Gentle Endowment Professor To Restart Book Club

MONMOUTH — Marie LeJeune, associate professor of teacher education, finds it crucial to keep her pulse on what is going on in public K-12 education.

“It’s important in my work to continually be connected to what teachers are doing in K-12 schools,” she said.

A new endowment for education professors at Western Oregon University, the T.H. Gentle Endowment, will allow her to spend more time doing just that.

LeJeune is the first to receive the endowment.

“It will give me some time and money to work on our research, especially connected to the work at public schools,” LeJeune said. “It will allow me to continue and grow my research.”

A lot of her research involves working with her former students as they teach at Central School District schools.

The endowment, made possible through donations from Western’s College of Education supporters, including the Gentle family, includes a small amount of money and course release – which means LeJeune may teach one less course than is in her contract during a term next year.

“Especially for me, the time is particularly valuable,” LeJeune said, “especially time during the day when teachers and kids are in school. It will allow me to be out in the classrooms more with teachers and kids, which is really important to me.”

Her specialty as a professor is children’s and young adult literature, and she takes that knowledge into classrooms throughout Central schools.

As part of the Orbis Pictus Award committee — the largest award for children’s nonfiction — LeJeune does a lot of work with authors and reviewing books.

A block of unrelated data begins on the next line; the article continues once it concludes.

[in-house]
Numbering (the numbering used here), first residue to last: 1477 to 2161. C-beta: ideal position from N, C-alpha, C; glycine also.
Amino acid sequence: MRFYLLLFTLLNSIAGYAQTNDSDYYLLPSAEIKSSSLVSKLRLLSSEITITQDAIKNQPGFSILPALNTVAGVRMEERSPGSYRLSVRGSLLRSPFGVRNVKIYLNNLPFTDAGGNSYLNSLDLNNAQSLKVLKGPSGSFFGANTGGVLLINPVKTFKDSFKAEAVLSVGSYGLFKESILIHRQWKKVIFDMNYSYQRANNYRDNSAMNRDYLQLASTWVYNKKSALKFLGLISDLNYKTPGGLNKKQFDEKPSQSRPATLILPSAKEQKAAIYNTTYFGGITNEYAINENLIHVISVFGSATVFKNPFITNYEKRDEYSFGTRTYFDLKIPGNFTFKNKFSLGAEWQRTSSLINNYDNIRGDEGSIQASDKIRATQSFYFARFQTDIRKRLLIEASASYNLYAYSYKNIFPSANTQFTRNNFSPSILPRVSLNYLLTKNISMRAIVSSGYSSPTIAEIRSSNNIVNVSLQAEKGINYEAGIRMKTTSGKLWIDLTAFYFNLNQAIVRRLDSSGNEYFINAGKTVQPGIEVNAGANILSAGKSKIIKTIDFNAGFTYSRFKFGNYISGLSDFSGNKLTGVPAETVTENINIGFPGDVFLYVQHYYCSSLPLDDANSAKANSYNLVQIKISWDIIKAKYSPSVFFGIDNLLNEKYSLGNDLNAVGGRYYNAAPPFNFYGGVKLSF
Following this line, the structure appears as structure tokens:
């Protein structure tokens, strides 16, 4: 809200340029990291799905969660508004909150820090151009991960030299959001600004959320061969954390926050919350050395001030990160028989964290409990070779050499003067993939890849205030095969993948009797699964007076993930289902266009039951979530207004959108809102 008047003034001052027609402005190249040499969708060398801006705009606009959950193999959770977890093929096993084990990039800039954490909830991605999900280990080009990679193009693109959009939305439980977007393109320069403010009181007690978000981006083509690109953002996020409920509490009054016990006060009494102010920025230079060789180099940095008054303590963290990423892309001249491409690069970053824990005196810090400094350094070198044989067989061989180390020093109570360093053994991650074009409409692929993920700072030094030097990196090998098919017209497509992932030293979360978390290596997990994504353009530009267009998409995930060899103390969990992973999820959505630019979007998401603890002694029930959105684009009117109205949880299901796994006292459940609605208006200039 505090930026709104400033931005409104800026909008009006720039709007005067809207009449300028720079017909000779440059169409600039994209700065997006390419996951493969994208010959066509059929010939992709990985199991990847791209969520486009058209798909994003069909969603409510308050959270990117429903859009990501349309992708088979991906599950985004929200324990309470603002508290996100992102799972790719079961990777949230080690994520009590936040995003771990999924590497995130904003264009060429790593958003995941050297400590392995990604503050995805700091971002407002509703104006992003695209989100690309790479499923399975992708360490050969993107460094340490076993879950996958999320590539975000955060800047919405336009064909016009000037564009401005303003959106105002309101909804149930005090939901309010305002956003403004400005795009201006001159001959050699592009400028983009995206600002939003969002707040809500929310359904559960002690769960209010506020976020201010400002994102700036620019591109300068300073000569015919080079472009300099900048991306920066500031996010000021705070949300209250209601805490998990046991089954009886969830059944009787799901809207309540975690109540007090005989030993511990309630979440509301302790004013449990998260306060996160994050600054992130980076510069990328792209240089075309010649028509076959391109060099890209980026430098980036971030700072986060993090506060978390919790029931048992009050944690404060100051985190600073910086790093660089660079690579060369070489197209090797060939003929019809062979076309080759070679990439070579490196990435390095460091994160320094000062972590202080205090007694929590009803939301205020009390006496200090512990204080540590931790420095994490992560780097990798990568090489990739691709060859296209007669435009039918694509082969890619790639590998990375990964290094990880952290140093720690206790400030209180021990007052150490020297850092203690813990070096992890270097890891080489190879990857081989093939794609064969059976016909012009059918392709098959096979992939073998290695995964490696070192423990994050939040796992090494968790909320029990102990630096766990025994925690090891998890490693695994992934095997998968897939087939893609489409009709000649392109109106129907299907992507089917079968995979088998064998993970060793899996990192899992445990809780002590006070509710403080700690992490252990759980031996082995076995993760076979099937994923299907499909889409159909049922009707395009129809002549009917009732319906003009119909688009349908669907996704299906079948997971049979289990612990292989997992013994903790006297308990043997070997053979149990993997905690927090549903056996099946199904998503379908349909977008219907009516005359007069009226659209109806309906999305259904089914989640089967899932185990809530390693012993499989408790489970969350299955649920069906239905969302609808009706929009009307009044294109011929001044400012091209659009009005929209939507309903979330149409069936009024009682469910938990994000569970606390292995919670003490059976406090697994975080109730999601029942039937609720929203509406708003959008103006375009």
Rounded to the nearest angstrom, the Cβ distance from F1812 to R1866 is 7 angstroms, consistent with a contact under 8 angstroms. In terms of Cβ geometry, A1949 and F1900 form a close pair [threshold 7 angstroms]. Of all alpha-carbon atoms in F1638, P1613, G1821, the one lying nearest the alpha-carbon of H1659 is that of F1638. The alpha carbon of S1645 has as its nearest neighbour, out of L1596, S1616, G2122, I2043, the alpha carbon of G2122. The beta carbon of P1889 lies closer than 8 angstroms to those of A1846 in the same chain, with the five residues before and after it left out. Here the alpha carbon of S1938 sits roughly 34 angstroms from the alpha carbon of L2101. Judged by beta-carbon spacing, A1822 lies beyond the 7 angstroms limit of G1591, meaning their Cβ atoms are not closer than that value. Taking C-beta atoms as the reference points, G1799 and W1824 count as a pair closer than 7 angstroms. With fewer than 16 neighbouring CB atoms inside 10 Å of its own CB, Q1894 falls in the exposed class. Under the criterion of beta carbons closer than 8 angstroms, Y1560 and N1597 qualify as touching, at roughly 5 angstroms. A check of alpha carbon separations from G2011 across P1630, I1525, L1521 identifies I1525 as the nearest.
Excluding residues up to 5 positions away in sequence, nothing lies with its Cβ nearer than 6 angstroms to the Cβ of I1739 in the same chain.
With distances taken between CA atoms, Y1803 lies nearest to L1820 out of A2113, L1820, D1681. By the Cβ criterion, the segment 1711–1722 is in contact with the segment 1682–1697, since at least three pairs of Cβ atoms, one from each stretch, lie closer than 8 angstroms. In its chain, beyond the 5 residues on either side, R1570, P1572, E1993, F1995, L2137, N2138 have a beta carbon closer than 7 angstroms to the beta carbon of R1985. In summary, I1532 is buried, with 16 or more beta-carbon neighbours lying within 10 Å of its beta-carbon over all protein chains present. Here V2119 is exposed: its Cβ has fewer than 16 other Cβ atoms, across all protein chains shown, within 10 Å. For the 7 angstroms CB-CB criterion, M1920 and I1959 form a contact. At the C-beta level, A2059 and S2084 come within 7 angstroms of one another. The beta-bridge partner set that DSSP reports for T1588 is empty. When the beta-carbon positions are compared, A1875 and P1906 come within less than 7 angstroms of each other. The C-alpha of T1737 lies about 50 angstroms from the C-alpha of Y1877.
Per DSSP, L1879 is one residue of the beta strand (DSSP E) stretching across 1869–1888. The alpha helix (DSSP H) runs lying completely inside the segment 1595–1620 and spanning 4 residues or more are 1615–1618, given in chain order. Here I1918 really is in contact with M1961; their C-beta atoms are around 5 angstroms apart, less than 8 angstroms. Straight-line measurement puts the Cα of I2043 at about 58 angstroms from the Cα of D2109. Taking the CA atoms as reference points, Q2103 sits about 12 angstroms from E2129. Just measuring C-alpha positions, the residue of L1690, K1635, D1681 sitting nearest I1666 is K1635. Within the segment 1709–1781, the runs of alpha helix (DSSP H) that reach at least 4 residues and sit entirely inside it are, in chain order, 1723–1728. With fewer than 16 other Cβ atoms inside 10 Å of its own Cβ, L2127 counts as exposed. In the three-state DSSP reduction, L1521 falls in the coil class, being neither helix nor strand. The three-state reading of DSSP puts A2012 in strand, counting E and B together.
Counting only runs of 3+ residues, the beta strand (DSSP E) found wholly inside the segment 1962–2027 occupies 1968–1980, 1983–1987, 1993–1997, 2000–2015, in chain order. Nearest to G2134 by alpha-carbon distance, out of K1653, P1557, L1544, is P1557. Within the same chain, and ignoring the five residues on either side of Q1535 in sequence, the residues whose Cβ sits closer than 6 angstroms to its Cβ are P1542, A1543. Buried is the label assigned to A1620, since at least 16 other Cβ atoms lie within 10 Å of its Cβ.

“I get to share a lot of the books that come in from publishers and let kids see those books,” LeJeune said.

Beyond that, she hopes to resurrect a book club for girls in fourth and fifth grade. It’s a program she started years ago with Independence Elementary School teacher MaryAnne Hill.

“It was probably one of the best experiences I had,” LeJeune said. “I did my dissertation on girls’ book groups.”

The money she received from the endowment is enough to get started so that each girl in the book club may have a book to take home with her.

“That’s really exciting, especially since there are a lot of families in the community without libraries,” LeJeune said.

To help with the afterschool book club: email LeJeune at lejeunem

Thomas Gentle, for whom the endowment is named, came to Western’s campus more than 100 years ago to revitalize the teacher preparation program, and built programs and a faulty committed to excellence in this area.

Polk County Itemizer-Observer
by Emily Mentzer